- Betrayal's love-addled leads, Paul Vincent Black (left), Anne Torsiglieri, and Andrew May.
The denizens of Shepard's The Late Henry Moss suck up rotgut to sustain their eternal vendettas. On the other side of the social scale, in Pinter's Betrayal, three gleaming manipulators imbibe expensive wine to lubricate their endless deceptions. One play is violent and brutal; the other disciplined and self-contained.
Suggested by Pinter's real-life affair, Betrayal is his most grounded and least allegorical work. It follows the Noël Coward template of the overcivilized upper class acting uncivilized. It is a poisoned comedy of manners that allows genuine pain to intrude on its elegance. Its story is that of a seven-year love triangle involving a publisher, his wife, and his best friend, a literary agent. Told straightforwardly, it would be just another tale of adultery. But Pinter relates it backwards, which gives it a fascinating effect akin to watching a shattered crystal ball reassemble itself and take us back to what caused its original crack.
The play's contained grace fits beautifully into the arena configuration of the Cleveland Play House's Baxter Stage. The production is tastefully designed by Pavel Dobrusky to suggest a plush, austere cage for the actors to stalk each other like graceful panthers.
Andrew May as the adulterous best friend shows himself to be the ideal Pinter actor, with his precise ability to reveal, through the slightest inflection, his innermost feelings beneath the polite banter. Paul Vincent Black, as the betrayed husband, brings a quixotic vulnerability to what could be an unsympathetic character. Anne Torsiglieri conveys fragility and toughness at the same time, bringing just the right translucent delicacy to the triangle.
This is perhaps director Peter Hackett's most stylish Play House production, marred only by the debatable technique of having an actor not in the scene witnessing the action. Though visually effective, this at times obfuscates some of the points of the story.
Nevertheless, the production has the beauty of fine porcelain. It ends on a moment of rueful tenderness, as the two lovers, on the cusp of an affair that will bring them much heartache, tentatively reach for each other's grasp, making the audience feel privy to future suffering.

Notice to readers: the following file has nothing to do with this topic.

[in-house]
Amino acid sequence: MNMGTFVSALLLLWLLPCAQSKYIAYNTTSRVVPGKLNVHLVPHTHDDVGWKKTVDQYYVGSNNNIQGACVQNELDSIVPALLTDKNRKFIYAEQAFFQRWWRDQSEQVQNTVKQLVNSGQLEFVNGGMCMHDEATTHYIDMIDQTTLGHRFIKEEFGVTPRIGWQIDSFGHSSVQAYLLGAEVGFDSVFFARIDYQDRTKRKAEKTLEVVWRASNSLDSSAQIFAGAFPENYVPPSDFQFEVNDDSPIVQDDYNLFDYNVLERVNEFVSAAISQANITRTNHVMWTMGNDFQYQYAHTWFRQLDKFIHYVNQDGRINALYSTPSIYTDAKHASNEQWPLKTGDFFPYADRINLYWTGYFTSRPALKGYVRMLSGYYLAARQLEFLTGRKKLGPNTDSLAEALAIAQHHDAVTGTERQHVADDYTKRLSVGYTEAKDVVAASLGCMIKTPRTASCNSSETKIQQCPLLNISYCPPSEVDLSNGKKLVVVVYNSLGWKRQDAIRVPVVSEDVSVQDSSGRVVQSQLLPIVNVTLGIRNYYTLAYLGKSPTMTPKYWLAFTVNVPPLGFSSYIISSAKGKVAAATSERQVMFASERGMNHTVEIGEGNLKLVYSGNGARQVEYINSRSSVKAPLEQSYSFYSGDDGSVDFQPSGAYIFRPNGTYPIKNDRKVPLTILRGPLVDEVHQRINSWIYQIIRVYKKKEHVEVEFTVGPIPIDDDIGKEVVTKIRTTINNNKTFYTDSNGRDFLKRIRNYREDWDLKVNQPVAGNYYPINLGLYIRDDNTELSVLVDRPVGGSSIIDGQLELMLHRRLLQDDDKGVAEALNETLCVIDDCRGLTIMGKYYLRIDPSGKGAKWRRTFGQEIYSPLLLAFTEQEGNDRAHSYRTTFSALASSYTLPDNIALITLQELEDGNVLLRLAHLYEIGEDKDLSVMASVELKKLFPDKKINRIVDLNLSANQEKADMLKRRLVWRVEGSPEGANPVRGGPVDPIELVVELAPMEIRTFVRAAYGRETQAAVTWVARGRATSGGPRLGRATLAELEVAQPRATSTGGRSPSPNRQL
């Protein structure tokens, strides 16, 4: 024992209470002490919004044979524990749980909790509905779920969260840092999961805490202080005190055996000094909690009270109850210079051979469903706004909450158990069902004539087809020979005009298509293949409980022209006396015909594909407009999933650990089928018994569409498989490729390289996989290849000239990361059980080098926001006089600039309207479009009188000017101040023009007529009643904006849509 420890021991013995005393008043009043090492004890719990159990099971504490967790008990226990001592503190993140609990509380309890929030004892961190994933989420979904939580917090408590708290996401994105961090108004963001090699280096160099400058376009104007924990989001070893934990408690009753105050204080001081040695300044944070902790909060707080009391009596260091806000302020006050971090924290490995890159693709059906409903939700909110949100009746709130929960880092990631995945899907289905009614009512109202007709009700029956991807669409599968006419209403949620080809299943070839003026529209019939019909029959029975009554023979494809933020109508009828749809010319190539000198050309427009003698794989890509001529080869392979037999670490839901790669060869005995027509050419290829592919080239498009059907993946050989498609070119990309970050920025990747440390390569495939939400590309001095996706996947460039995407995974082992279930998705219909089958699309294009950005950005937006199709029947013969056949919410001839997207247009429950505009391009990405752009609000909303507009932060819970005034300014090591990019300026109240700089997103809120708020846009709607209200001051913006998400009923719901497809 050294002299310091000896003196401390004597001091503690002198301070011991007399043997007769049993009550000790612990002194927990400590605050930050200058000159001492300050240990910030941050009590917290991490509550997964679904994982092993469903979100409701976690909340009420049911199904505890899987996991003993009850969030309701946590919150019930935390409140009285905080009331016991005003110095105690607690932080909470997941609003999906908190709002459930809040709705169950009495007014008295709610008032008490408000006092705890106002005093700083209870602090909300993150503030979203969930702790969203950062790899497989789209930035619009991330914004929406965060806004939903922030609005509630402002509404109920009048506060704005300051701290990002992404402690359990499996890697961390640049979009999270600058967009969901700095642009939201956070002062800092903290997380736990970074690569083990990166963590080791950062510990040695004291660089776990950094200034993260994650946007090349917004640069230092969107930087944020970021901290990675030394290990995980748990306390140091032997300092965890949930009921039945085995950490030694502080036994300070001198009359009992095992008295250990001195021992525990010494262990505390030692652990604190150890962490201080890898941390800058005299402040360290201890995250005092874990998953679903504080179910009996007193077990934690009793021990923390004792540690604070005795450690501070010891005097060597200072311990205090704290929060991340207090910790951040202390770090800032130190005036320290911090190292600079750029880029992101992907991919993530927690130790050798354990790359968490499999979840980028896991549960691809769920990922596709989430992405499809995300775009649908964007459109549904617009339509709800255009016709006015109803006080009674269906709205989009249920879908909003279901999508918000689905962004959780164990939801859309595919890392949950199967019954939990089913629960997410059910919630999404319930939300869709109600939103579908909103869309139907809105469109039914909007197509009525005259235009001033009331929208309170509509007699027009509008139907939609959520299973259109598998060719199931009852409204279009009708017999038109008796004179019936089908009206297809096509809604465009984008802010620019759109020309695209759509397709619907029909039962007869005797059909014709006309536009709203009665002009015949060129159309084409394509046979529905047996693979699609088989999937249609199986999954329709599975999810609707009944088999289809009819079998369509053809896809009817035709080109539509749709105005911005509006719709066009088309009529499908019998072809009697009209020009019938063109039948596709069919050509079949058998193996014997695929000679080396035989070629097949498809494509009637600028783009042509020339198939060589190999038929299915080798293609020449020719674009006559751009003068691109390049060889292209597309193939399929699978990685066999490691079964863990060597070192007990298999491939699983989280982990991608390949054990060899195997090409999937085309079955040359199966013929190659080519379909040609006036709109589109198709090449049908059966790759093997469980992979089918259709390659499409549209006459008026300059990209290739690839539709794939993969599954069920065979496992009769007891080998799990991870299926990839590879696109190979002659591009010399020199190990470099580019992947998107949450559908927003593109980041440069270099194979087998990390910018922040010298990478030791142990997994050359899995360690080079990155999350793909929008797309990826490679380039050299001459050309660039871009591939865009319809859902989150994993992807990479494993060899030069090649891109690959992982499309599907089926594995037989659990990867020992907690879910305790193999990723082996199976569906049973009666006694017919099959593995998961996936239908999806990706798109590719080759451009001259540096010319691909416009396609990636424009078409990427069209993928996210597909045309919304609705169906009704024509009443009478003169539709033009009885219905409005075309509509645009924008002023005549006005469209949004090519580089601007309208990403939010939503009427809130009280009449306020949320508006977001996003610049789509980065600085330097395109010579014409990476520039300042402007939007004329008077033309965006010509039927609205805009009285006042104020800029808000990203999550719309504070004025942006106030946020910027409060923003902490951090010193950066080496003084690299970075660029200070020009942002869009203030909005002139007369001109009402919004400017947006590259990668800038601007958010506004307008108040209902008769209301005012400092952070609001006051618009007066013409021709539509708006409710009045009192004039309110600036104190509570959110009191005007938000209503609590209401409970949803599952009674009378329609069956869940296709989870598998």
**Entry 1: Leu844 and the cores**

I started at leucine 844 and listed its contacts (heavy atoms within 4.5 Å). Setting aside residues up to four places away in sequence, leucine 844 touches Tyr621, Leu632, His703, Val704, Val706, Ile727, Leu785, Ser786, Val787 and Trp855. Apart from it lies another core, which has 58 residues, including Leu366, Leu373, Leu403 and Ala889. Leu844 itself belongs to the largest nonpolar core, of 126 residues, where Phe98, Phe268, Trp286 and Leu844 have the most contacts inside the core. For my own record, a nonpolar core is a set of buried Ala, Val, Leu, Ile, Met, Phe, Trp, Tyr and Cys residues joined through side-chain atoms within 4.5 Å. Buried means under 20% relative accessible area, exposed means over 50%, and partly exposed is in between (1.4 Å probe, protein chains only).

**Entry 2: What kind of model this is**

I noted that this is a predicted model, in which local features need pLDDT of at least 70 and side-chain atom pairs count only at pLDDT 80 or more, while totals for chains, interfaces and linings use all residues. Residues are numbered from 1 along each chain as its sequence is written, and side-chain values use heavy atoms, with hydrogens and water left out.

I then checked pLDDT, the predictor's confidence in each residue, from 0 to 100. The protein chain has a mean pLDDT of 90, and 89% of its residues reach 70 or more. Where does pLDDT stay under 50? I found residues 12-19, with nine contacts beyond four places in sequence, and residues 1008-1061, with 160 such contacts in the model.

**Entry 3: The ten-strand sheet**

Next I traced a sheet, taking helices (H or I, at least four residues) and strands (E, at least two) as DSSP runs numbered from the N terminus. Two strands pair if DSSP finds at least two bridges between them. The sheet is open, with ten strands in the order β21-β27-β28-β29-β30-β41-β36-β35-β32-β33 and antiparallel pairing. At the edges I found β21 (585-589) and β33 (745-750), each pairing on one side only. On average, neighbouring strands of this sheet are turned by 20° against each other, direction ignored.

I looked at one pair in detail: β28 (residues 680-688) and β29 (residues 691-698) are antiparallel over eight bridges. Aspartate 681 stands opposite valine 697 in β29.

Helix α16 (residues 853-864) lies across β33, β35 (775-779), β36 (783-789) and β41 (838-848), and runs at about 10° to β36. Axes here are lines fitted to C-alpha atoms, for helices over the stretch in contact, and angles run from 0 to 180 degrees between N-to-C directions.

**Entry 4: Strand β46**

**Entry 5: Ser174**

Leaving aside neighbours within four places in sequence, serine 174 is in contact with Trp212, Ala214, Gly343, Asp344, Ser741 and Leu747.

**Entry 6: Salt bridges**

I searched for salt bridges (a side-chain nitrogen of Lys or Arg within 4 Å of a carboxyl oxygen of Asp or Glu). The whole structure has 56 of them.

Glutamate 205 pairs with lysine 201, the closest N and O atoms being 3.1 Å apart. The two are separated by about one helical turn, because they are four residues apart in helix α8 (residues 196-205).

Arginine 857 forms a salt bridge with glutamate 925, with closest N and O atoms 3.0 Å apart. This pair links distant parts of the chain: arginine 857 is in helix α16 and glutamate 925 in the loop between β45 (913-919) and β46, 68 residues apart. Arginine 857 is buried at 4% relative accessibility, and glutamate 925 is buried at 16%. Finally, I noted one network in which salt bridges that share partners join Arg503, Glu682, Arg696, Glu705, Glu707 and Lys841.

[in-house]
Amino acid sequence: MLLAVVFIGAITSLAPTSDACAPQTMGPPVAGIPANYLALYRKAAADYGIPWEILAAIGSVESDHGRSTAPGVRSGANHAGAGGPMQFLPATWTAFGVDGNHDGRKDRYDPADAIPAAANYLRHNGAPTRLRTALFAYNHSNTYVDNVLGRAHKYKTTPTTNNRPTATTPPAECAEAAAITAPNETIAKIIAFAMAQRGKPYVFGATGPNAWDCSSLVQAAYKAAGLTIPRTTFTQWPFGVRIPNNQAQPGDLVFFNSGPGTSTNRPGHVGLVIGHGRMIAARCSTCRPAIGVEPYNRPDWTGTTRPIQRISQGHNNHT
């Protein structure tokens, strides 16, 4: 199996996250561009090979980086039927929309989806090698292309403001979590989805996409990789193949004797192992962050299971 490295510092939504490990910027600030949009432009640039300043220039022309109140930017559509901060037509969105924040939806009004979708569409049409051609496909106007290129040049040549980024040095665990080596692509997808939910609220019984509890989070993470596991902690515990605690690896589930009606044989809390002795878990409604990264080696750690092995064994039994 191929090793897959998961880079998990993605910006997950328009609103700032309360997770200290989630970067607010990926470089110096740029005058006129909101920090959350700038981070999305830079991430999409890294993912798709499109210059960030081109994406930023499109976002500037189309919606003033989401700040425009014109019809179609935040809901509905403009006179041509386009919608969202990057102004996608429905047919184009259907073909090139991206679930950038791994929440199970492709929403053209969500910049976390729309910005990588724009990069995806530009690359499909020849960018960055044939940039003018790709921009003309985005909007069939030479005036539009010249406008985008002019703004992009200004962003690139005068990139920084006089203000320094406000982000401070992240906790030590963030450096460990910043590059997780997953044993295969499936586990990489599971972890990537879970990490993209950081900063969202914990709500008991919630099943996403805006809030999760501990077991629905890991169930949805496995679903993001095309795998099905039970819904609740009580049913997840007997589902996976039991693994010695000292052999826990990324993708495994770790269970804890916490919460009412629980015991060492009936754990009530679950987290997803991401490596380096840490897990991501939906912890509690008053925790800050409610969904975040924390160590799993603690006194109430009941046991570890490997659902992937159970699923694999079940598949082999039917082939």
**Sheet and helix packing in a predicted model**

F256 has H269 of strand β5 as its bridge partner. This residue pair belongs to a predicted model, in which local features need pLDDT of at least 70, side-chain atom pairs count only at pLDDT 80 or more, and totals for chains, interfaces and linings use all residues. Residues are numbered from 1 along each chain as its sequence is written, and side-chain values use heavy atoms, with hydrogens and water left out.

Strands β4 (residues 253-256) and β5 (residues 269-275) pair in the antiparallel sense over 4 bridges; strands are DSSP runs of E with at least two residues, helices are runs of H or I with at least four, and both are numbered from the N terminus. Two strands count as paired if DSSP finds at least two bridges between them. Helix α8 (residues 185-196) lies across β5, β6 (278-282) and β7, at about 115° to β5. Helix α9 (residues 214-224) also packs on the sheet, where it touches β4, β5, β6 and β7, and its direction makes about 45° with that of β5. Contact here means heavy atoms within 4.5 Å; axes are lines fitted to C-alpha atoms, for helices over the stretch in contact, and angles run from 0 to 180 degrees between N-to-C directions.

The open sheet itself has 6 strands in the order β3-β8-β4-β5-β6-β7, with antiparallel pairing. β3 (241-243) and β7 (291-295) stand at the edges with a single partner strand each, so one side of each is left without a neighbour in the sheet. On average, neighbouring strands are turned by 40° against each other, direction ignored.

Anyone who has ever cruised Shepardland will know what to expect from The Late Henry Moss, his two-year-old play making its Ohio premiere at Dobama Theatre. Shepard's works reflect an adolescence steeped in the deep cynicism of John Huston films, the camaraderie of John Wayne saddle epics, rock and roll aggression, and Samuel Beckett treatises on alienation. He rolls them all into this latest work with vigorous aplomb.
In film-noir tradition, the flashbacks come fast and thick, as two brothers investigate their abusive, alcoholic father's mysterious death. Throughout, the father and his mystical Indian girlfriend are seen performing drunken seduction dances out of David O. Selznick's western passion play Duel in the Sun.
The work is dizzying in its changing emotional colors. With their father's body onstage, the family members weather a continuing cycle of violence, as the brothers play out old recriminations and humiliating attacks on one another. Then the evening takes a fascinating spiritual turn when the girlfriend metamorphoses into an all-knowing angel-of-death figure out of Tennessee Williams.
Shepard's dialogue is astounding in its all-encompassing vernacular, ranging from private-eye machismo to fruity Freudian self-consciousness to clichéd Western bromides.
Director Russ Borski, noted for his evocative set designs, creates a production of sweat and passion. The boozy atmosphere is so genuine and intense that the audience becomes drunk by osmosis.
As the superbly blighted Moss family, Bernie Canepari, Tyson Postma, and especially Robert Ellis are full of high-octane resourcefulness. One moment they're the Beverly Hillbillies, engaged in cornpone shtick; suddenly, a spark of rancor renders them figures out of Greek tragedy being pursued by the Fates. In the scene-stealing Walter Brennan-sidekick tradition, Kato Buss's trapped taxi driver has the emotional honesty of a hound dog in a brilliantly homespun performance. As the paradoxical sexual life force and angel of death, Carol Schuberg adds extra gunpowder to an already explosive play.